by Paul Lay,
Next Friday (May 28th) sees the opening of the Galleries of Modern London at the Museum of London. It aims to tell the story of the city from its phoenix-like rise from the ashes of the Great Fire of 1666 to its current status as the world’s greatest global metropolis. The £20 million it cost to refurbish the gallery has, by and large, been well spent. The Sackler Hall, the gallery’s entrance and hub, is encircled by a 48-metre long digital ribbon called LDN24 created by a group of conceptual artists called The Light Surgeons. It’s the kind of thing that could go terribly wrong. But it succeeds brilliantly. Its focus is a speeded up film of 24 hours in the life of London, which manages to capture its rush, flavour and diversity, eschewing the stereotypical images of smiling policeman and red buses, and replacing them with images of office workers exercising; packed restaurants; traffic jams; bewildered tourists; shoppers. All go about their business against a backdrop rich in history and referenced again and again in the new galleries. An enveloping stream of statistics is emitted on the surrounding LED display. Looking up, as images of the financial powerhouse of the City of London beamed from the screen, I learnt that the highest paid male executive of a FTSE company earned an annual salary of £36 million; his female equivalent gets by on just £4 million. The statistics never cease.
Wealth and poverty are at the heart of London’s story. Perhaps the most memorable new item on display is a mid-18th century cell from the Wellclose debtors prison, originally located near the Tower of London. Its cells lay beneath a public house called the Cock and Neptune which was connected to a courthouse for which the pub’s landlord acted as a gaoler. The damp wooden walls of the cell are covered in the scratched scrawls of the inmates. One reads:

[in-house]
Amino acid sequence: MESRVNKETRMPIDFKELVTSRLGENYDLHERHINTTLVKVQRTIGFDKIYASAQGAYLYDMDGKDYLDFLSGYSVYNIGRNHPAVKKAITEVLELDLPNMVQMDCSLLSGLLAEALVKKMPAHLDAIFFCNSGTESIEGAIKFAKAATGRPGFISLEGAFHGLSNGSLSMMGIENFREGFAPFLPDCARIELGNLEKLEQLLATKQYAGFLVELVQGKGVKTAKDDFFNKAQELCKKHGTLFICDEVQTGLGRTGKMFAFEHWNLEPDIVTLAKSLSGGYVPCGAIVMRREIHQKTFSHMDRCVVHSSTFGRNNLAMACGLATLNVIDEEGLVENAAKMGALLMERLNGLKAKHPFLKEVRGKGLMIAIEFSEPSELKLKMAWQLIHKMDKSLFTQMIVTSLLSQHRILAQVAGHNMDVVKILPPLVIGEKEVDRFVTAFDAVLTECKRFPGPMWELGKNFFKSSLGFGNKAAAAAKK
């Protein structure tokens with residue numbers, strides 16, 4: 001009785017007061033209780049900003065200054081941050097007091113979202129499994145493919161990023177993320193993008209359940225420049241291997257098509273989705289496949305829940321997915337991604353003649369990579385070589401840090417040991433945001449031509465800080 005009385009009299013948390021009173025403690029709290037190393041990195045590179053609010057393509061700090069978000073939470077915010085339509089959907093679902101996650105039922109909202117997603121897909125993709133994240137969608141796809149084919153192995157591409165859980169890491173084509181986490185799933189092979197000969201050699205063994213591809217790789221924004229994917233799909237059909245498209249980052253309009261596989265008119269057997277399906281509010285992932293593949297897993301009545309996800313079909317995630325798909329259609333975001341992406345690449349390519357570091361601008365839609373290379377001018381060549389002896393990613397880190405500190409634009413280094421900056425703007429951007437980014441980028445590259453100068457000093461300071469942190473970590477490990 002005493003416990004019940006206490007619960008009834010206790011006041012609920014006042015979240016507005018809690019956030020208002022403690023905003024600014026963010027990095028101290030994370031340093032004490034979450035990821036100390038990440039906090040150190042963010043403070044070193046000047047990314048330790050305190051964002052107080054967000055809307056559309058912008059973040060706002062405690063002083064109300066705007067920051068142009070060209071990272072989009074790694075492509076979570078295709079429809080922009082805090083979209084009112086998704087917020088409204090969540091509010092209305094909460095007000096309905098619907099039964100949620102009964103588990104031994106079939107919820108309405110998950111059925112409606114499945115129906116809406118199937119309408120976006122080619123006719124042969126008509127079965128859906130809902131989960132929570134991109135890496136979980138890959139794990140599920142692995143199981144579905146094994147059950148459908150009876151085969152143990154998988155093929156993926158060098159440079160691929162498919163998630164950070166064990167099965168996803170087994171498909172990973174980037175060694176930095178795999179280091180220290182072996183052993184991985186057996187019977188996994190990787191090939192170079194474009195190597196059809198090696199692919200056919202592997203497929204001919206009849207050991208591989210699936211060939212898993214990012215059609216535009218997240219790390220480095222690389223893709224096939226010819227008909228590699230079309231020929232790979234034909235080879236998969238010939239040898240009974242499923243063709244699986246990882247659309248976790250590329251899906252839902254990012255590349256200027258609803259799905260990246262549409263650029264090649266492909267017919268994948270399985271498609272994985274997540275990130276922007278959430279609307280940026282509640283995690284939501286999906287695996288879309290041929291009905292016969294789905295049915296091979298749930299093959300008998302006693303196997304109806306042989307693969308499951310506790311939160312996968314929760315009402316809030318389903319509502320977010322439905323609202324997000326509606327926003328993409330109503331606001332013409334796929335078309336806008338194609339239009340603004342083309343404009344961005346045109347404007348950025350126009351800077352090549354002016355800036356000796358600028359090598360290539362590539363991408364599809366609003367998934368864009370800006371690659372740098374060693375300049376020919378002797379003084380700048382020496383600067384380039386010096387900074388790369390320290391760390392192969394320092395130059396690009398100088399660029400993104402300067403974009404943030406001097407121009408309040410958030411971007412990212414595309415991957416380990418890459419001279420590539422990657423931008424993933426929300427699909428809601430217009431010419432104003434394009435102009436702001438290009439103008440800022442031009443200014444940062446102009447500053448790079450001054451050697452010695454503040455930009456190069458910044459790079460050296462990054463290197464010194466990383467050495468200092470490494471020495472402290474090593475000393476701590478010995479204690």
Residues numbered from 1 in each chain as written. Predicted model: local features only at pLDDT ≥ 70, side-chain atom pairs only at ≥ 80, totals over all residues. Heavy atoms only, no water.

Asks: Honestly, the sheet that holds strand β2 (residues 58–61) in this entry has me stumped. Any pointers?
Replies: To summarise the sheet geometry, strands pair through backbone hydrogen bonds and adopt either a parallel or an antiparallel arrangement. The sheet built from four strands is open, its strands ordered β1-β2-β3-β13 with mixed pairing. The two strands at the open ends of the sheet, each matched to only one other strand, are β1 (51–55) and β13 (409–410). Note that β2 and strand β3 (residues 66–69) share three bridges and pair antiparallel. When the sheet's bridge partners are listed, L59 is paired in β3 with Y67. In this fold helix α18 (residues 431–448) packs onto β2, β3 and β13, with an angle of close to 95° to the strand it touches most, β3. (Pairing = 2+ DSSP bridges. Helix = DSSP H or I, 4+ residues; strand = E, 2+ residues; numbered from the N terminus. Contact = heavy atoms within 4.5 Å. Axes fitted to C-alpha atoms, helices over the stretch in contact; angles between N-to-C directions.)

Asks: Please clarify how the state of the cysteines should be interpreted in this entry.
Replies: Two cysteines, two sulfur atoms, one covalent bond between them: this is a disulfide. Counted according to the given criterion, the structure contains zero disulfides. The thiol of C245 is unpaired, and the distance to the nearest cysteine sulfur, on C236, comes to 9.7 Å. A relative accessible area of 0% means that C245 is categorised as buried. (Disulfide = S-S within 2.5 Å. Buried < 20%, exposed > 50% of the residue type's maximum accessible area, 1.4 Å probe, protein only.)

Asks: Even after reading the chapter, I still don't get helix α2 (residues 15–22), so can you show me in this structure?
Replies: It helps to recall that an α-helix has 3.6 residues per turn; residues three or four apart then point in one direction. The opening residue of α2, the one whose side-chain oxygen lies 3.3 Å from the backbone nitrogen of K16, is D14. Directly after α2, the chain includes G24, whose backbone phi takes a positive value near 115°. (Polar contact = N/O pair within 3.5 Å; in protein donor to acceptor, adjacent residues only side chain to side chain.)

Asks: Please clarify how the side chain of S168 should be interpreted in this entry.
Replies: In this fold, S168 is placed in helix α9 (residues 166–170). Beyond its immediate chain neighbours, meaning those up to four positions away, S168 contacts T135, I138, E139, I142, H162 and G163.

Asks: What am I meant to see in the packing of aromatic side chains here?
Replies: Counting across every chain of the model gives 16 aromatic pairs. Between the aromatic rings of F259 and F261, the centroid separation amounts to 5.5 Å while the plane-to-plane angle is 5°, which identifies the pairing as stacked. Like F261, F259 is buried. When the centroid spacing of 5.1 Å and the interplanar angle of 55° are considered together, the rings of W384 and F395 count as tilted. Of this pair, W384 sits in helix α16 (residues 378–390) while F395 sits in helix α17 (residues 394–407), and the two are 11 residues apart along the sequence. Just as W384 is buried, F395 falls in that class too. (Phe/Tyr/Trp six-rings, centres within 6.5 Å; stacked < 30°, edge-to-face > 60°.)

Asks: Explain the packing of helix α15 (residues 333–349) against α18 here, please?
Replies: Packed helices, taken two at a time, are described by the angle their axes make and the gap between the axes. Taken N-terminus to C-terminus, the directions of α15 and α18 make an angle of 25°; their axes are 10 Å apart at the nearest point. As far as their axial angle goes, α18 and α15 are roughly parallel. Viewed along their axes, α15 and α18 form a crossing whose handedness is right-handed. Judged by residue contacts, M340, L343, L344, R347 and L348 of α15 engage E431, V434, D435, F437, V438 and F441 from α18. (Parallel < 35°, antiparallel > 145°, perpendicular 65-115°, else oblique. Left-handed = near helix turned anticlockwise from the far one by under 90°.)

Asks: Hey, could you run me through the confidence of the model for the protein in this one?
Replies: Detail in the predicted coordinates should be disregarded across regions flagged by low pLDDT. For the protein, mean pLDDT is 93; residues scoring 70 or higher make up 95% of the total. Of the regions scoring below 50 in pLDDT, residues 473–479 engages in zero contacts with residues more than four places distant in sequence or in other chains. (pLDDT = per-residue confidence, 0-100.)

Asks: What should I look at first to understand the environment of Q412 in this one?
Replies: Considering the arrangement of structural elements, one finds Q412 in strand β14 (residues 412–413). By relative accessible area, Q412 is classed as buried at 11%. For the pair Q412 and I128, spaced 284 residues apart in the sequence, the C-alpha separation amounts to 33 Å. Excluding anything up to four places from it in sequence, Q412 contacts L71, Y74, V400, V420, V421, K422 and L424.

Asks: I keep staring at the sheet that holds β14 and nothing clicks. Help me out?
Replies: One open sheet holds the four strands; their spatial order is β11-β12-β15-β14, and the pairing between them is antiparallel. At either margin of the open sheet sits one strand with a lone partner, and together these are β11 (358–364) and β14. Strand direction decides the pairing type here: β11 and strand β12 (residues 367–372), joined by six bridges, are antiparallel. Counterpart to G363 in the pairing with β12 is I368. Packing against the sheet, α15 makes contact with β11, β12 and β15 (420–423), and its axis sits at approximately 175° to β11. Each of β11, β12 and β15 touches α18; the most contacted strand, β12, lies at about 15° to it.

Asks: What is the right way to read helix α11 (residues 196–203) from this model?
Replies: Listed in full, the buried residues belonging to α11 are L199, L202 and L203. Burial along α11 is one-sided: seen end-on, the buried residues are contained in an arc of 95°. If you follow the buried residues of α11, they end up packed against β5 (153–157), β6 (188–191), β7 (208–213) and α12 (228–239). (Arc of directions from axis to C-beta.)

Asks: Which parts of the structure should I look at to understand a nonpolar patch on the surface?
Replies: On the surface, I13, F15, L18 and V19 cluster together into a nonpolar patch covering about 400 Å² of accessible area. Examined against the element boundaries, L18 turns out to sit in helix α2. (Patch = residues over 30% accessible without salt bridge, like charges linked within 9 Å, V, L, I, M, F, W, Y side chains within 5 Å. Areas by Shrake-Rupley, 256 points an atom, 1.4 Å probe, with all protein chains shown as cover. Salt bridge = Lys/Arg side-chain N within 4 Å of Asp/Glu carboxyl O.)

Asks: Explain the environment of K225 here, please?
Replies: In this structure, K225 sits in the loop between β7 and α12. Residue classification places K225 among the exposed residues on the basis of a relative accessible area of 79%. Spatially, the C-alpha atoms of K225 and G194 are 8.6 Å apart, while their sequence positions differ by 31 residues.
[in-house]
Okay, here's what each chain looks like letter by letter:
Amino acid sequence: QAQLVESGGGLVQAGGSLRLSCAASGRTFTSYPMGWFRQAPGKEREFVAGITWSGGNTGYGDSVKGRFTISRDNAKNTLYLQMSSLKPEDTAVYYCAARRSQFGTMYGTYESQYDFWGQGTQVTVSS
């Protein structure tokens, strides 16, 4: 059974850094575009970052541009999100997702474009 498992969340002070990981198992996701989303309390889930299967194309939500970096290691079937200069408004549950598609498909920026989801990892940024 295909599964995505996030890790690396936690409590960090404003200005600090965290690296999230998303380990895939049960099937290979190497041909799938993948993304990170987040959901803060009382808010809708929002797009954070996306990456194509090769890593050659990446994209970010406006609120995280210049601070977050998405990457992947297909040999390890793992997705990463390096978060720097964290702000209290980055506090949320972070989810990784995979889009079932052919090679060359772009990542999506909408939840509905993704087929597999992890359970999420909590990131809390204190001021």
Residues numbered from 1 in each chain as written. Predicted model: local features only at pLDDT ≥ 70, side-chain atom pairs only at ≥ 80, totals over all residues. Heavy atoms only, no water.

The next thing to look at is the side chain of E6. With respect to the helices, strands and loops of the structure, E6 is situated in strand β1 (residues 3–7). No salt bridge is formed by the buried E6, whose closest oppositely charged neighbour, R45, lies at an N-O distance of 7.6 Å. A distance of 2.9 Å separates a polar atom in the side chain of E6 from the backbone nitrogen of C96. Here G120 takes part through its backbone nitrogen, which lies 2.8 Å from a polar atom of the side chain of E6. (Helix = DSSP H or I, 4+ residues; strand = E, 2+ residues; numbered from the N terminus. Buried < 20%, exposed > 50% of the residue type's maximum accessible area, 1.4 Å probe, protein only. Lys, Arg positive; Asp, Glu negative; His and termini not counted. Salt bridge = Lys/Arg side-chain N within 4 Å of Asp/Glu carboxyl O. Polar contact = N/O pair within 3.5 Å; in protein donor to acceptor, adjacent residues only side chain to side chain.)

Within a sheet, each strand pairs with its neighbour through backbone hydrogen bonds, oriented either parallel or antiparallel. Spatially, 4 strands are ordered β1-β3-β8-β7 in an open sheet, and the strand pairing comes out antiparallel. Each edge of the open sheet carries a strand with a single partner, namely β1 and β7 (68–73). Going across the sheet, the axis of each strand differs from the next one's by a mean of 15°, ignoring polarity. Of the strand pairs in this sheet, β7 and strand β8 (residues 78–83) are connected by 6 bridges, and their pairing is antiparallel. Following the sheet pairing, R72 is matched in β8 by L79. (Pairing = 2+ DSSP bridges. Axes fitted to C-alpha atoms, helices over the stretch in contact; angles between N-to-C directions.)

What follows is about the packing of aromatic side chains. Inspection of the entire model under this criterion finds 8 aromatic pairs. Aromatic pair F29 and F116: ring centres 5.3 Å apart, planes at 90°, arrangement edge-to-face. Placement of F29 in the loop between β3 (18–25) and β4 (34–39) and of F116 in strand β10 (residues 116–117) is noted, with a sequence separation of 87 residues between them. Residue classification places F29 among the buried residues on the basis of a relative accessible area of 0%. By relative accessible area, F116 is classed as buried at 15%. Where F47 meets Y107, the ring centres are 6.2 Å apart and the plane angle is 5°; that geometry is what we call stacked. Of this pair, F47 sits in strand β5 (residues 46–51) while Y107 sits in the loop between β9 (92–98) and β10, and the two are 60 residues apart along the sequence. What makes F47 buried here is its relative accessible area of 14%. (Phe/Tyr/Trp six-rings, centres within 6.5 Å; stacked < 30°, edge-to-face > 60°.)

The Cubard’s Empty
To Our Sorrow
But Hope it will
Be Full to Morrow
The wealthy and those curious of their activities, may have made their way to one of the Pleasure Gardens that grew up on London’s outskirts – most notably Vauxhall – during the 18th century and were much imitated elsewhere. Within the circular Pleasure Garden gallery, a new addition, with its filmed backdrop of 18th-century characters, there are figures in costumes that imitate those of the time, created by the likes of London’s leading fahionistas such as the late Alexander McQueen and Philip Treacy. Masked ladies, acrobats, harlequins and ambassadors cavort as a surprisingly witty commentary unfolds.
Elsewhere in the galleries, old favourites remain, though now with more space in which to be appreciated: the Victorian Walk, with its rich, evocative array of pubs, banks, workshops and tea rooms; the wonderfully ornate Selfridges lift from 1928; Nelson’s sword of honour, emphasising the debt that London’s traders owed to the Royal Navy’s policing of the oceans; and the Lord Mayor’s State Coach, made in 1757 and still used annually in the Lord Mayor’s Show, which gets its own gallery, visible from London Wall.
The largest display of new material comes at the end. Much is made of London radicalism and eccentricity, embodied in characters as different as the ‘Protein Man’, Stanley Green, who until his death in 1993, warned commuters and shoppers of the uncontrollable passions aroused by eating too much protein; and Peter Tatchell, the gay rights campaigner, whose courage and deep principal, borne at great personal peril, is symptomatic of London at its best. The same embrace of difference is on display in the collections of fashion and music, in which for the best part of half a century, London has been a world beater with no sign of its energies waning; quite the reverse. Pamphlets, magazines and books from the 1960s onwards abound, just as they do in the galleries dedicated to the 1700s. London’s incontinence of ideas, innovation and communication has been a constant for centuries.
All in all, the gallery succeeds, not so much as an encyclopedic trawl of London’s history, more in summoning up the dissenting, tolerant mentality that is at the heart of London’s cultural and economic success. No city has been so successful and influential for so long. While other European cities such as Paris or Rome or Berlin seem mere shadows of their former greatness, replaced by the vigorous new conurbations of Asia and Latin America, London swaggers on. The Museum of London’s new galleries demonstrate how and why.
Our Reviews Editor, Juliet Gardiner, reviewed the new Galleries of Modern London on BBC Radio 4's Front Row programme on May 27th.
Galleries of Modern London
Museum of London
150 London Wall
London EC2Y 5HN
- The Sackler Hall © Museum of London
- Wellclose Square prison cell, 1750 © Museum of London